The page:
Remember Sidney Poitier? The groundbreaking black actor who won an Oscar for Best actor for his role in the 1968 film ” Lilies of the Field” ? He was handsome, charismatic, polished and urbane, effortlessly projecting an air of refinement and class. I recently read that, until he was ten years old, he never saw his face in a mirror, never knew what he looked like. His parents were Bahamian tomato farmers who had traveled to Miami to sell their crop when his mother went into premature labor. Sidney was born and immediately became an American citizen. He spent the first ten years of his life on Cat Island in the Bahamas, a sun-drenched Caribbean paradise without glass doors, windows or storefronts. Without man-made reflections, young Sidney had no idea what he looked like.
This anecdote started me thinking….
We look at ourselves in the mirror daily, many times daily. We know exactly what we look like or, at least, what we think we look like. We are familiar with our facial features even if we subconsciously alter our perceptions and think ourselves younger and better looking than we really are.
How do we appear to others? People meeting us for the first time assess us, our character, our personality by what they see in our faces. Their first impressions, based on their reading of our faces are, more often than not, correct and are borne out by continued interactions.
In fact, there are face-readers who claim to see our past, even our future from what they see on our visages. They are to be found mostly in India and China and usually combine face reading with palmistry and astrology. Now I can understand that they can read our past based on face-reading, the experiences of the past may have left their mark on our faces, but how can they possible foretell the future? I never believed this possible until the amazing experience of a friend of mine. My engineering colleague “Albert”, unhappy with his future prospects, decided to sign a three year contract to work in Saudi Arabia and make some real money. However, before he signed on the dotted line he decided to consult a face reader and I went with him to New York’s Chinatown. The face reader was an elderly man, poorly clad and unprepossessing, who had set up shop on the pavement. I was unimpressed by him and felt he was a charlatan. He looked long and carefully at Albert’s face before making his prediction; Albert translated his words for me as we walked back to the office. Apparently, after correctly telling Albert about some incidents that had already happened, the man said flatly that Albert would not be going to Saudi Arabia, that he would remain in New York for the forseeable future. Albert was unconvinced and decided to go head with his plans. What next happened is still difficult for me to believe. That very night Albert got a call from Taiwan telling him that his father was desperately ill and was not expected to survive. Al immediately took compassionate leave and flew back to be at his father’s bedside. He remained there for the next three weeks as his father made a miraculous recovery but in that time Albert’s window to sign the contract expired. Just as the face reader had predicted, Al stayed on in New York for several years more.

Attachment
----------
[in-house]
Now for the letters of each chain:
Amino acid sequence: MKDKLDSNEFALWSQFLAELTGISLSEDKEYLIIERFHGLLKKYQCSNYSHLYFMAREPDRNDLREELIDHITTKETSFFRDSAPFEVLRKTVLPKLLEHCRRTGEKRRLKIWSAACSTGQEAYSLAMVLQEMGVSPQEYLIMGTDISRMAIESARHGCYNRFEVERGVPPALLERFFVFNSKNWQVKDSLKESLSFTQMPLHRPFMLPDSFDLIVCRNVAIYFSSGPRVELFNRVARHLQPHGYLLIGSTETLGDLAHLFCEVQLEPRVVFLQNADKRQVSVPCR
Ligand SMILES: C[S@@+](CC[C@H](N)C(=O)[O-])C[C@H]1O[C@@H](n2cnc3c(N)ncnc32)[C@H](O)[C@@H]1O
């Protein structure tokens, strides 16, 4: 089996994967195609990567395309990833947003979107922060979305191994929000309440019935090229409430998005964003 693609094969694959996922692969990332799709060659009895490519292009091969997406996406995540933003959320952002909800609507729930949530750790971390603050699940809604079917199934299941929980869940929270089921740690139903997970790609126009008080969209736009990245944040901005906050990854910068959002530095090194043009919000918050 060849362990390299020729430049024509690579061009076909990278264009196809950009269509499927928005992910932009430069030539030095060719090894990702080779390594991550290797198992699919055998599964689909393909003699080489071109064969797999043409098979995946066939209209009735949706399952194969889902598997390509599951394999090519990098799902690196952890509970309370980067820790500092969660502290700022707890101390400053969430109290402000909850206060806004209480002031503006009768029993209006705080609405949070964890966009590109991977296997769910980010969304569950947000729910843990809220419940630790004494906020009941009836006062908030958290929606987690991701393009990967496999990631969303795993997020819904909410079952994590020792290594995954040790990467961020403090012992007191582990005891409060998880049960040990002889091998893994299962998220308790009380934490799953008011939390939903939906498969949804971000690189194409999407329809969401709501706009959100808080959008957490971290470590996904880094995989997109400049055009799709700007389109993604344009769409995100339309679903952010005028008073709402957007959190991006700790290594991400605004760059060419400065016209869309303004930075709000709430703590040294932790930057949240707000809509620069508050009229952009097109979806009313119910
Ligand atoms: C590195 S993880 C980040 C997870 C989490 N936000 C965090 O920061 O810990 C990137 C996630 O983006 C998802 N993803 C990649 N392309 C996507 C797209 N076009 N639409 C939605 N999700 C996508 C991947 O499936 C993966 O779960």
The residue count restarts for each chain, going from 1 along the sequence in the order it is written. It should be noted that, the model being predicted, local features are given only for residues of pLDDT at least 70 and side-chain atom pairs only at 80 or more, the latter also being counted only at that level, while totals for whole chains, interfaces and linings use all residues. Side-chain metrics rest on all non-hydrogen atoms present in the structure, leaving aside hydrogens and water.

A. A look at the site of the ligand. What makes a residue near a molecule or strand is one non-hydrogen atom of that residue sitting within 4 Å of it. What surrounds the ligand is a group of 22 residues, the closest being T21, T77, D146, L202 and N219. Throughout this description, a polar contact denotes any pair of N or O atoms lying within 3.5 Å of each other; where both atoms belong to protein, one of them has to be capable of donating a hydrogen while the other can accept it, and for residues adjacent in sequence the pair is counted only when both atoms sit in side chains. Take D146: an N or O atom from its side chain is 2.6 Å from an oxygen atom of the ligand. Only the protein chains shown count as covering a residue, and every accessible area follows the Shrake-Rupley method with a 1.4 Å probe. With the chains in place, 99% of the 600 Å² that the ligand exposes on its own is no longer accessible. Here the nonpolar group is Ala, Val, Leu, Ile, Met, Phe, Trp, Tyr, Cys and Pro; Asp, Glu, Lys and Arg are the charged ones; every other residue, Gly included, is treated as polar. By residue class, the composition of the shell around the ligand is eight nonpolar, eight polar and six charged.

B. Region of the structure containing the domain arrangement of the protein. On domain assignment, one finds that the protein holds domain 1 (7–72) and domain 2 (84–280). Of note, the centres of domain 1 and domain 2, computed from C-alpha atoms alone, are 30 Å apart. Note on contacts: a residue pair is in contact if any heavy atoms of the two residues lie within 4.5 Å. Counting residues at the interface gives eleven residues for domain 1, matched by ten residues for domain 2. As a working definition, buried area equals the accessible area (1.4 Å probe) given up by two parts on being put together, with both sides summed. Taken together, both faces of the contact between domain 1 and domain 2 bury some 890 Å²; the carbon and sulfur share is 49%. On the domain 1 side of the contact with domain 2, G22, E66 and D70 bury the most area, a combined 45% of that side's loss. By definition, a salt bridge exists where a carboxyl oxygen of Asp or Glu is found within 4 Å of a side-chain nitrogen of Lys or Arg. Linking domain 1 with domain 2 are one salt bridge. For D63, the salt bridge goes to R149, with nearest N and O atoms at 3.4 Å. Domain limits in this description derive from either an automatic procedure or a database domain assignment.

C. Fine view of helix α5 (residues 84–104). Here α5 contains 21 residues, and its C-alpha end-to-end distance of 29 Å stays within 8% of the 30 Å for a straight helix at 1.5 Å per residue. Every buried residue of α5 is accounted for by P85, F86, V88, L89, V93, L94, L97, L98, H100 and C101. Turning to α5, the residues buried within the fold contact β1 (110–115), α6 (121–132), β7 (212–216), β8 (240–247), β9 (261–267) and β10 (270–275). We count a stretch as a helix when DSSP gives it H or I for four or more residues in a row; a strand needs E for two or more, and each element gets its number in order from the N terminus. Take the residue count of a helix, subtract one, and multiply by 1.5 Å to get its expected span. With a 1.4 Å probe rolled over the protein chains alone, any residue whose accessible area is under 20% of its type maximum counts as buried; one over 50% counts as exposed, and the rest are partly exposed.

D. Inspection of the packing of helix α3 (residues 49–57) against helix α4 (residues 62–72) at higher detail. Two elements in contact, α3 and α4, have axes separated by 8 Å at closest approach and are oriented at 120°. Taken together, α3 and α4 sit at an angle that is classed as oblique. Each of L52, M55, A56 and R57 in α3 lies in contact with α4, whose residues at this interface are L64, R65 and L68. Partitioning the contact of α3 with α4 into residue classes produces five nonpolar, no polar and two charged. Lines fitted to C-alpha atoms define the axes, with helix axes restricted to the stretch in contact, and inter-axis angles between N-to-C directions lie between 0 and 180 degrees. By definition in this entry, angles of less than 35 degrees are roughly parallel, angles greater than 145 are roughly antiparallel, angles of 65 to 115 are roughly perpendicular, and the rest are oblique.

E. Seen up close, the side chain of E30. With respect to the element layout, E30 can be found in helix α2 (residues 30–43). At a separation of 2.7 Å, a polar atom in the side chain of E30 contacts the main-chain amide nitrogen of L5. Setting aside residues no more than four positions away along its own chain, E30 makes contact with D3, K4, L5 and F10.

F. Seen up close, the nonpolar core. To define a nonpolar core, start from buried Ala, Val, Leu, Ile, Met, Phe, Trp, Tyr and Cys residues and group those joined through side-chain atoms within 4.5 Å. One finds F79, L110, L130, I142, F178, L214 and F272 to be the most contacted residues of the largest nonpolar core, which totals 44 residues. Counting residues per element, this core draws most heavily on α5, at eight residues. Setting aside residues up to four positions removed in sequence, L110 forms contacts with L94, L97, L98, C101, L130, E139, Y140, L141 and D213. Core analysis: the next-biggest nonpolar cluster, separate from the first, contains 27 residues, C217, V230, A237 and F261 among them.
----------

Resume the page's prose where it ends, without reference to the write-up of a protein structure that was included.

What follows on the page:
We ordinary folk can’t be face readers, at least in the sense that we cannot predict the future. However, it may be instructive for us to take a closer look at ourselves in the mirror. Tomorrow, when you look in the mirror, look a little deeper. Not just whether your hair is combed or if your lipstick is on just right. Look deeper, at the person behind the mask, under the skin. What do you see? What do you think others will see?
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